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[li-gey-shuh n] /lɪˈgeɪ ʃən/
a diplomatic minister and staff in a foreign mission.
the official headquarters of a diplomatic minister.
the office or position of a legate; mission.
Origin of legation
late Middle English
1425-75; late Middle English legacion < Latin lēgātiōn- (stem of lēgātiō) embassy. See legate, -ion
Related forms
[li-gey-shuh-ner-ee] /lɪˈgeɪ ʃəˌnɛr i/ (Show IPA),
adjective Unabridged
Based on the Random House Dictionary, © Random House, Inc. 2017.
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Examples from the Web for legation
Contemporary Examples
Historical Examples
  • They had started as soon as Nelly's letter reached the legation.

    The Little Girl Lost Eleanor Raper
  • The legation trembles at it—the Commessario says it is 'Peri-colosissimo!'

  • He was the doctor of our legation and, of course, of the Consulate, too.

    The Shadow-Line Joseph Conrad
  • "I have nothing that is not addressed to a legation," said the other, trying to pass on.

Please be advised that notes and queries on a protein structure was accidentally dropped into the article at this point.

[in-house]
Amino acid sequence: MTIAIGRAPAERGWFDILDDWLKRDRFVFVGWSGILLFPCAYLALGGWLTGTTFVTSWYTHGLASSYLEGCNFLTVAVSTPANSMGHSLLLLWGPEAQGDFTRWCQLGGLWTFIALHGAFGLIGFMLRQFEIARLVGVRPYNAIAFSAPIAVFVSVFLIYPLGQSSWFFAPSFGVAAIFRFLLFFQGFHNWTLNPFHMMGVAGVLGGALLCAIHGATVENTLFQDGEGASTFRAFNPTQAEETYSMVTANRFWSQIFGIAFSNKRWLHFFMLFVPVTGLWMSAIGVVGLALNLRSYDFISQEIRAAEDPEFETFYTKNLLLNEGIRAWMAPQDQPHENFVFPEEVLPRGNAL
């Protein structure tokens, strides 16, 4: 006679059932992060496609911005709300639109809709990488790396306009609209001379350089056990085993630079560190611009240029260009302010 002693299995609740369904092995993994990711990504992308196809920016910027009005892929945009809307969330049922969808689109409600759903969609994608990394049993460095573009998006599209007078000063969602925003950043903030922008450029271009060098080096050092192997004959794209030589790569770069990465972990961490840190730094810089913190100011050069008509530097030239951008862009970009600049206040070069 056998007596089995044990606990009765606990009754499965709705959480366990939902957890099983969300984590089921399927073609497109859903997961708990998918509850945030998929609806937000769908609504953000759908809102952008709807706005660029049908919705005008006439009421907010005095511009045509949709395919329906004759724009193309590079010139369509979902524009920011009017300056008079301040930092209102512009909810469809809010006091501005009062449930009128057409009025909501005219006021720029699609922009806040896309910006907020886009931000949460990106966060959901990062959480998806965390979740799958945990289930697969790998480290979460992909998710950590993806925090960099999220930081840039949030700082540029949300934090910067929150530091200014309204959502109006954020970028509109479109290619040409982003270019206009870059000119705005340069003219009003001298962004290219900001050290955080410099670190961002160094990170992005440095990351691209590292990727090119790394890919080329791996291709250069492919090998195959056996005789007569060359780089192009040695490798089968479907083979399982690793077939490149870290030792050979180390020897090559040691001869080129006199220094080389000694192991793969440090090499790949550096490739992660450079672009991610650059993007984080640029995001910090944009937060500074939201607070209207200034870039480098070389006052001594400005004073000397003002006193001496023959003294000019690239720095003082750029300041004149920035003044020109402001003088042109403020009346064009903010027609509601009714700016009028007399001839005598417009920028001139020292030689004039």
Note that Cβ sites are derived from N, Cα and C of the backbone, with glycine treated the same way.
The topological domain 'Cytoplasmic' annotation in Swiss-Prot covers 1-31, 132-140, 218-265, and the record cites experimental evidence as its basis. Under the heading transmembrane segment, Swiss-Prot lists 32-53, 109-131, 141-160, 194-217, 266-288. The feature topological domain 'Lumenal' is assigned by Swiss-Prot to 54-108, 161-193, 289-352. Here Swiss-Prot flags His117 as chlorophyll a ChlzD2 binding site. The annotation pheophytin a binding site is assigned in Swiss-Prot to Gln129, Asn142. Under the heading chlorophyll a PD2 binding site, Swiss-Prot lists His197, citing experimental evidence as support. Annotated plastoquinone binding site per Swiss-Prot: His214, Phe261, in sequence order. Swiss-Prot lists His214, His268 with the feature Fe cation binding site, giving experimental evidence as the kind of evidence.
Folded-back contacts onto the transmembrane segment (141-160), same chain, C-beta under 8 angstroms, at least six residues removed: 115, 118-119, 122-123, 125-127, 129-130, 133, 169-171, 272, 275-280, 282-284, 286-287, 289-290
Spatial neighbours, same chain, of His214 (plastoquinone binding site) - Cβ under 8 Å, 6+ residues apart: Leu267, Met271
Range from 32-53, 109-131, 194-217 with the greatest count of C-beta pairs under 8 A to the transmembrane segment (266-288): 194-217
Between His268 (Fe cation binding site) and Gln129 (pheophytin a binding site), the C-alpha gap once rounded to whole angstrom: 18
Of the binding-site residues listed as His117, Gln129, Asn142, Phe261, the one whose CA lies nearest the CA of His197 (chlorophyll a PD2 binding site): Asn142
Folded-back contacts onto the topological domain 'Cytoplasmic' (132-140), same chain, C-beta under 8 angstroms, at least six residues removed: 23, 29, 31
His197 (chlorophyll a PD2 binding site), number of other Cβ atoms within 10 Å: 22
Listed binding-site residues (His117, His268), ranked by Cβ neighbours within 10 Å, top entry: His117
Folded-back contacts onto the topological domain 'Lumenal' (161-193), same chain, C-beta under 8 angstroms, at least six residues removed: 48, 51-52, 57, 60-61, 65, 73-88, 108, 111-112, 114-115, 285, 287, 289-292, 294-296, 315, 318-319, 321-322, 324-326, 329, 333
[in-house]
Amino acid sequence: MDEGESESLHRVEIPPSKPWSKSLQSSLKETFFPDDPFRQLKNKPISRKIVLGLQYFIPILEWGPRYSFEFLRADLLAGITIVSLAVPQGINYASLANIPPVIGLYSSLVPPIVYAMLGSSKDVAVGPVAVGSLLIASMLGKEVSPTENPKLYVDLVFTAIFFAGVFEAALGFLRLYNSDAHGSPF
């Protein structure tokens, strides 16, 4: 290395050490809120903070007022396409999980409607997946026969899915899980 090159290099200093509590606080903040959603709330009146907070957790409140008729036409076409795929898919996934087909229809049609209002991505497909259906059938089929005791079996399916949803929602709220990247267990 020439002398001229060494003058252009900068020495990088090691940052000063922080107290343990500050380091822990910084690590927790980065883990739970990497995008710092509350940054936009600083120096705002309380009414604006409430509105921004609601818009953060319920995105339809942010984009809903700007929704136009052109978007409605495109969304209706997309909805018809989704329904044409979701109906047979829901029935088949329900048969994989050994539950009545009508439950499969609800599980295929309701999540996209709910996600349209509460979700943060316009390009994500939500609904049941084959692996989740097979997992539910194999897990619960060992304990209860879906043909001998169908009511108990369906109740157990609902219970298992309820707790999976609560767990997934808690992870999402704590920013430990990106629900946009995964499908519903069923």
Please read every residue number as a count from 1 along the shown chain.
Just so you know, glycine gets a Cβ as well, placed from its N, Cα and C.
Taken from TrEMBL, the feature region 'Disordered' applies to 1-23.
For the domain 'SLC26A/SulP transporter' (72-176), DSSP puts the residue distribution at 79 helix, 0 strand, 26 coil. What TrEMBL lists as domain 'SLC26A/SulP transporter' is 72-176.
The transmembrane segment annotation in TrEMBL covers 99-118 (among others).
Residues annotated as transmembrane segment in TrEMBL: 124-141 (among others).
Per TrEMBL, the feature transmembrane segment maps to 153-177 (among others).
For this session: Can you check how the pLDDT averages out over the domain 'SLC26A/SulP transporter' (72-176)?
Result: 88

Tony Butler Charles James Lever
  • Yes, he is attached to the legation, and sometimes here, sometimes at Naples.

    Tony Butler Charles James Lever
  • I arrived at his legation on the morning he was starting on leave.

    The Bramleighs Of Bishop's Folly Charles James Lever
  • "At the Russian legation," said the Prince, haughtily, and turned away.

    The Fortunes Of Glencore Charles James Lever
  • Mrs. Steuben for a moment fixed her liquid eyes on the secretary of legation.

    Pandora Henry James
  • In the legation, as private secretary, he was liable to do Secretary's work.

British Dictionary definitions for legation


a diplomatic mission headed by a minister
the official residence and office of a diplomatic minister
the act of sending forth a diplomatic envoy
the mission or business of a diplomatic envoy
the rank or office of a legate
Derived Forms
legationary, adjective
Word Origin
C15: from Latin lēgātiō, from lēgātuslegate
Collins English Dictionary - Complete & Unabridged 2012 Digital Edition
© William Collins Sons & Co. Ltd. 1979, 1986 © HarperCollins
Publishers 1998, 2000, 2003, 2005, 2006, 2007, 2009, 2012
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Word Origin and History for legation

mid-15c., from Old French legation and directly from Latin legationem (nominative legatio) "the office of an ambassador," noun of action from past participle stem of legare (see legate).

Online Etymology Dictionary, © 2010 Douglas Harper
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